At-Home Soil Testing Methods
Looking for ways to test your soil without hiring an expensive contractor to come do the job? Then you’ll be happy to know there are many soil testing methods you can do on your own.
These at-home methods are primarily designed for testing your soil’s pH level. For soil testing methods that involve checking for contaminants such as lead and toxic metal, you will need an at-home kit where the actual soil testing is conducted by a lab.
Testing your soil’s pH levels can be done without the assistance of a lab. Knowing whether your soil is alkaline or acidic is one way to learn if the roots of your plants will be able to absorb essential nutrients. If you’re having difficulty growing plants in the soil around your home, it could be because your soil is too alkaline or too acidic.
Is there anything wrong with soil that’s too alkaline or too acidic? Not necessarily, it just limits what can be grown in the soil. When you know the pH of your soil you can then use that as a starting point to find out which types of plants can best absorb the nutrients from your soil. So you won’t get frustrated trying to grow onions (acidic-friendly) in soil that’s more alkaline based, for example.
The beauty of these tests is that they can be done using ingredients found around the house, such as vinegar and baking soda.
Soil Testing Methods: Vinegar and Baking Soda
Simple ingredients like vinegar and baking soda can tell you a lot about the pH level of your soil.
- Start conducting this method by collecting a cup of soil from different areas around the home, then separate two spoonfuls into different containers.
- Add a half cup of vinegar to the soil you collected, then wait to see if it fizzes. If it fizzes, then you have yourself alkaline soil.
- If the first container doesn’t fizz, move on to the next one. With your other container of soil and add distilled water until the two spoonfuls of soil are muddy.
- Add a half cup of baking soda to the muddy soil and wait to see if it fizzes. If it fizzes, then you have acidic soil.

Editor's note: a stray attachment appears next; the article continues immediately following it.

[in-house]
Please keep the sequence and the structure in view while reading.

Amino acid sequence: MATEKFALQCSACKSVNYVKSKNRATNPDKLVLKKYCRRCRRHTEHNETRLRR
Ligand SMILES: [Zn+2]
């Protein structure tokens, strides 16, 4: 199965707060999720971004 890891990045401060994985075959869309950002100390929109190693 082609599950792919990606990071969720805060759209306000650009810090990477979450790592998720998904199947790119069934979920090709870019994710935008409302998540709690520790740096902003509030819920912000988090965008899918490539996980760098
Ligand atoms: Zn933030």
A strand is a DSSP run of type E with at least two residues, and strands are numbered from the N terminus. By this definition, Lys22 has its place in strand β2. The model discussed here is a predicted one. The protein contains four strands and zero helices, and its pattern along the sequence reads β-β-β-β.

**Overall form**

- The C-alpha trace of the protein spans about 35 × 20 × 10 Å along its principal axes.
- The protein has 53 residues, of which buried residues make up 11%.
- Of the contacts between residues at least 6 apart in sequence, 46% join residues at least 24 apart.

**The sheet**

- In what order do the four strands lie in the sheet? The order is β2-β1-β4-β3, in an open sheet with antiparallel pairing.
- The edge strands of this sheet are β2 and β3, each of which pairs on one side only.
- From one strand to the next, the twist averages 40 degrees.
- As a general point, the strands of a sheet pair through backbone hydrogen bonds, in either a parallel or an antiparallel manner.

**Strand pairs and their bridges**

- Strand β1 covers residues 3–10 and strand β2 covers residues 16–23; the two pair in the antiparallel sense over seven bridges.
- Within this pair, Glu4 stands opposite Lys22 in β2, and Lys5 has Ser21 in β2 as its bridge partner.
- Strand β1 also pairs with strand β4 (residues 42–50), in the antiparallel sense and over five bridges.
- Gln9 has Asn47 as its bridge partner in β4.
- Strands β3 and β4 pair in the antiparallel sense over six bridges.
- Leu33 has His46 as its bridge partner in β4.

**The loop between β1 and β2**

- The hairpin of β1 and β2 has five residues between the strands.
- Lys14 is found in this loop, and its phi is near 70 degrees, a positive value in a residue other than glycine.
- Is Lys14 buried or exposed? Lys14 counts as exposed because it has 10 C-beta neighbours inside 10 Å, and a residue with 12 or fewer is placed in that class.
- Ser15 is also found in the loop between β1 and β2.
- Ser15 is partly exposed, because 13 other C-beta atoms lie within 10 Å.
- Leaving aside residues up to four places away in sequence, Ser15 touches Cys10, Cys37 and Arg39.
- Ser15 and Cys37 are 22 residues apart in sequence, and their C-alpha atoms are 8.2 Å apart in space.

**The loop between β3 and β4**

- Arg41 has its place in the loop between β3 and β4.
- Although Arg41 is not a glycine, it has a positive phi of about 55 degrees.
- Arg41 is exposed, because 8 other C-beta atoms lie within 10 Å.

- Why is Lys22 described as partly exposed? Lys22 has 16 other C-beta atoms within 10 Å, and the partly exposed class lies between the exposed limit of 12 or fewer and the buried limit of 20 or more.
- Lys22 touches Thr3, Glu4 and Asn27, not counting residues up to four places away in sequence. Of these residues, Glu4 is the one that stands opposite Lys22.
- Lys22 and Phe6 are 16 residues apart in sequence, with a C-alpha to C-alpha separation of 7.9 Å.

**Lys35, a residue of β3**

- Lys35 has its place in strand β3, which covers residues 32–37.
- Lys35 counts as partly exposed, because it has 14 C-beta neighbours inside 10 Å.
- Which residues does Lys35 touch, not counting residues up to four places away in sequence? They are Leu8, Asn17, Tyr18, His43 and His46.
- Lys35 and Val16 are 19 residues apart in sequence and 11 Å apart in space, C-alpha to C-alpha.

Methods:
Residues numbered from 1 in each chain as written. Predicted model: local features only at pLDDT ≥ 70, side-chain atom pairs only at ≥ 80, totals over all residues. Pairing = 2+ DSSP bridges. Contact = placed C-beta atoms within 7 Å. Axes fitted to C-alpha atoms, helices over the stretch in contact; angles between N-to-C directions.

If you went through this entire test and neither containers of soil had any reaction, then you have neutral soil.
Soil Testing Methods: Cabbage Water
Have some cabbage in your fridge? Then you can test your soil’s pH levels with ease. Here’s how:
- Add two cups of distilled water into a sauce pan
- Add 1 cup of chopped red cabbage to the sauce pan
- Let the cabbage simmer in the water for at least 5 minutes
- Remove the pan from the heating element and allow it to sit for 30 minutes.
- After sitting for 30 minutes, strain the water from the pan into a bowl.
The strained liquid will come out blue, indicating a neutral pH level. Hold on, because you’re not done yet. Next, fill up 2 teaspoons of soil in a jar and add in some of your your freshly brewed cabbage water. Shake it up and wait for at least 30 mins. Your soil is acidic if it turns pink, or alkaline if it turns blue/green.
Soil Testing Methods: At-Home Kit
If you want to dig deeper into your soil and lean more than what a pH test can provide, what you may be looking for is an at-home soil testing kit.
We at Environmental Innovative Technologies specialize in soil testing kits for heavy and toxic metals. Soil contaminated toxic heavy metals can cause serious long term health effects, which is why you owe it to yourself to get a testing kit if you feel as though there’s something off with your soil.
Our test results will clearly let you know if there is any risk posed by contaminants present in your soil. To get started, order one of our legally defensible, and laboratory certified soil testing kits today.
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